There are 33 isotopes of gallium, two of which are stable. They are Ga-69, whichmakes up 60.108% of the element’s presence in the Earth’s crust, and Ga-71, which contributes39.892% of the gallium found in the Earth’s crust. All the other 31 isotopes areradioactive with half-lives ranging from a few nanoseconds to about 15 hours.
Origin of Name
Latin word Gallia, meaning “Gaul,” an early name for France.
Gallium is the 34th most abundant element, but it is not widely distributed as an elementalmetal. It is usually combined with other elements, particularly zinc, iron, and aluminum ores.It is found in diaspore, sphalerite, germanite, gallite, and bauxite. Although small amounts arerecovered from burning coal used for heating or generation of electricity, it is mostly recoveredas a by-product from the production of ores of other metals. Gallium is about as abundant aslead in the Earth’s crust.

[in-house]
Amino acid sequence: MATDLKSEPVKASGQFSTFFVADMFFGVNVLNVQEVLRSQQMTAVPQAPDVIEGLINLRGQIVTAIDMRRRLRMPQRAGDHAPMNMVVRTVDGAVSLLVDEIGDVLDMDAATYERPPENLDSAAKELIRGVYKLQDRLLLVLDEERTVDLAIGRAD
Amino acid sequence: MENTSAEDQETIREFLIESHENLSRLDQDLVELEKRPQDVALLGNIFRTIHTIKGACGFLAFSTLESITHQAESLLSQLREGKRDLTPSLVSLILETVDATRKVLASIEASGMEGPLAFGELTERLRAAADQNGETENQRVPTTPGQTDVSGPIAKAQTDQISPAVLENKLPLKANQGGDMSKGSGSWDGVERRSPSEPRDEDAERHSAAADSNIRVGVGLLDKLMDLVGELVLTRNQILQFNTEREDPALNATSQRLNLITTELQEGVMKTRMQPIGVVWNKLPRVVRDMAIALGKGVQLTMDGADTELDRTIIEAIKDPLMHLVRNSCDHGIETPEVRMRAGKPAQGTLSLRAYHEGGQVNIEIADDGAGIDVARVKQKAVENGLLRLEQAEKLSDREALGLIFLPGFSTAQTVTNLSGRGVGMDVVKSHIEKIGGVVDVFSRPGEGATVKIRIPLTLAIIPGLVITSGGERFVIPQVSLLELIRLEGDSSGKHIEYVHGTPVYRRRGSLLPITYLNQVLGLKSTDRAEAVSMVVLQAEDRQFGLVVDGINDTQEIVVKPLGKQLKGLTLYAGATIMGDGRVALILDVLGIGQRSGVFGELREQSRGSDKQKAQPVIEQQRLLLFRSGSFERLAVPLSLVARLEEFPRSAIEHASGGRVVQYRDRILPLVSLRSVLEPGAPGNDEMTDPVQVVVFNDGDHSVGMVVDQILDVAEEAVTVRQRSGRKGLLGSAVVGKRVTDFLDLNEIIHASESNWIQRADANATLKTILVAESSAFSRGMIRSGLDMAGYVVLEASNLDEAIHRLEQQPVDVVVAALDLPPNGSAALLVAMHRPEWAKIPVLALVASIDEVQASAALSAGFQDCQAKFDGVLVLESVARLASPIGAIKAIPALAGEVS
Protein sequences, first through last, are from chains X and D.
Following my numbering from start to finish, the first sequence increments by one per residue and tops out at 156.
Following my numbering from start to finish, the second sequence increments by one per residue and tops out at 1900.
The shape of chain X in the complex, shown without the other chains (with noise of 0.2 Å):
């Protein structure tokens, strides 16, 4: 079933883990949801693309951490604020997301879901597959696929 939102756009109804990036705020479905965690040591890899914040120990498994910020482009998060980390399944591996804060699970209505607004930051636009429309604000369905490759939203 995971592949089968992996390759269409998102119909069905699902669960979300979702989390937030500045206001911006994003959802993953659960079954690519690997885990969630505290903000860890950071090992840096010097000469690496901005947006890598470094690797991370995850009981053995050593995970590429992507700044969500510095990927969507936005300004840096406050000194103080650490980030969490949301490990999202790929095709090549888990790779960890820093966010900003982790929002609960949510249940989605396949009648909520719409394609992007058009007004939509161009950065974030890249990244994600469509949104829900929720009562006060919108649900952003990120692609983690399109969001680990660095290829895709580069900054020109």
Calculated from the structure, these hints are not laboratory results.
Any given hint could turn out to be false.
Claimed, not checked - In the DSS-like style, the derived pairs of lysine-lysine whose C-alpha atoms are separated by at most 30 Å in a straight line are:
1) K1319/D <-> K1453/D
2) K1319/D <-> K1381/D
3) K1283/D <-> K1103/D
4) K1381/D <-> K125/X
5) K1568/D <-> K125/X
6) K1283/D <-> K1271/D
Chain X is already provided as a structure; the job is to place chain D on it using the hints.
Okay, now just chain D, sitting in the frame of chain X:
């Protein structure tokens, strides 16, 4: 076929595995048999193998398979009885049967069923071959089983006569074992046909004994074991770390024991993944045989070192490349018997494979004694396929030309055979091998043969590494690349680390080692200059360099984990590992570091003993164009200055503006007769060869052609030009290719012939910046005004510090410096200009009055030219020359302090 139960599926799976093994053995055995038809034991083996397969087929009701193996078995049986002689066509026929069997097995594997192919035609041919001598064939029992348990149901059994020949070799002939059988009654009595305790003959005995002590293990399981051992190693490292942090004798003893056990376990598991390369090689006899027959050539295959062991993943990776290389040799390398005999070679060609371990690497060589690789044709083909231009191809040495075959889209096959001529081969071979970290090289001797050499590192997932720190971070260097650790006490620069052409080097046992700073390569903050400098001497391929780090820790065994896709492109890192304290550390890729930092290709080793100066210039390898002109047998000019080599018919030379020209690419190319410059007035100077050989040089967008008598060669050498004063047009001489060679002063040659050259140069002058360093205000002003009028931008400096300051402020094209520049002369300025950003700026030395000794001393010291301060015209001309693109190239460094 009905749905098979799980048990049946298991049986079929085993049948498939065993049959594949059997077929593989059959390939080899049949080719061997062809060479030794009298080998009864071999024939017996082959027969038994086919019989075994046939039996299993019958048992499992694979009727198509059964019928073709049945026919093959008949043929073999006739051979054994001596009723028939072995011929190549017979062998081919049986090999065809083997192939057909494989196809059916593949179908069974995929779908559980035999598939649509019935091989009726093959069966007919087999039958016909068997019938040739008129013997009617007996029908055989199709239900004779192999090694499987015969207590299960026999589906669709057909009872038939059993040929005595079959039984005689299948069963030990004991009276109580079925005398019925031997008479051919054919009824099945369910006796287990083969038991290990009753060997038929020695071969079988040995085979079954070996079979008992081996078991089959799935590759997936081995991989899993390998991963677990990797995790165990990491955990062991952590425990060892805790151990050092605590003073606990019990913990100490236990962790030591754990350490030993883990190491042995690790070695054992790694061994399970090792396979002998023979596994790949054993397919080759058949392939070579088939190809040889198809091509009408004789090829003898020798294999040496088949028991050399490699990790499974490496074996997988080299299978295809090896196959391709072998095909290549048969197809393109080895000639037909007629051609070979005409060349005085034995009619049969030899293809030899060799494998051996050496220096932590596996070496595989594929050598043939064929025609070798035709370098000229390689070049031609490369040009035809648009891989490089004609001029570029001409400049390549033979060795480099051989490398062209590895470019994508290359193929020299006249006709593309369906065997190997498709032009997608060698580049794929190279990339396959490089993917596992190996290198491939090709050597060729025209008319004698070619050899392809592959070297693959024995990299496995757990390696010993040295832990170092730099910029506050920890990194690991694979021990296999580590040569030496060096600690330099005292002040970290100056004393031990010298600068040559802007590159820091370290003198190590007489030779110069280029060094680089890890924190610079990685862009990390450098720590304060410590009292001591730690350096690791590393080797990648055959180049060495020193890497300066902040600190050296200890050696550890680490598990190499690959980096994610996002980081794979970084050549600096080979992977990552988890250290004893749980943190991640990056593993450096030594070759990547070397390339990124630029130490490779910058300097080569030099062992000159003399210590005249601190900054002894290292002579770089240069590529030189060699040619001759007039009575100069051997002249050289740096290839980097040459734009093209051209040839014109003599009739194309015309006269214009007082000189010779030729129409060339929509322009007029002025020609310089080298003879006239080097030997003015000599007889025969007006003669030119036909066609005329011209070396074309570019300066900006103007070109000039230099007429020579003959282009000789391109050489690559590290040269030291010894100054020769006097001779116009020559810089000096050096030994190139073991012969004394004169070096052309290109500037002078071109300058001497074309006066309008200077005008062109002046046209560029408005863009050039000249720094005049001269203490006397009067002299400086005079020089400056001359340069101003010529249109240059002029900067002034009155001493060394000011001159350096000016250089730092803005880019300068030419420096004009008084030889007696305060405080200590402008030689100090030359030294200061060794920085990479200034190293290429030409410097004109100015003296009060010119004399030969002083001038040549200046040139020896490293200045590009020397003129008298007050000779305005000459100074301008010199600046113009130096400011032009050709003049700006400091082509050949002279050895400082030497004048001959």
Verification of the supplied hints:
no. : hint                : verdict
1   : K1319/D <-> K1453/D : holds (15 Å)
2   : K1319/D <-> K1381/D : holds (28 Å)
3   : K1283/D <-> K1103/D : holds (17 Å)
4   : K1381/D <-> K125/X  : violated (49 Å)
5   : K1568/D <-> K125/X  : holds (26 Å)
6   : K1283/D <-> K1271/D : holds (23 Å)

Since 1949, the Aluminum Company of America has extracted gallium metal from aluminumbauxite ore. In the past gallium had few uses. Only recently, with the development ofmicroprocessors, chips, computer, and the like, has gallium found many profitable uses.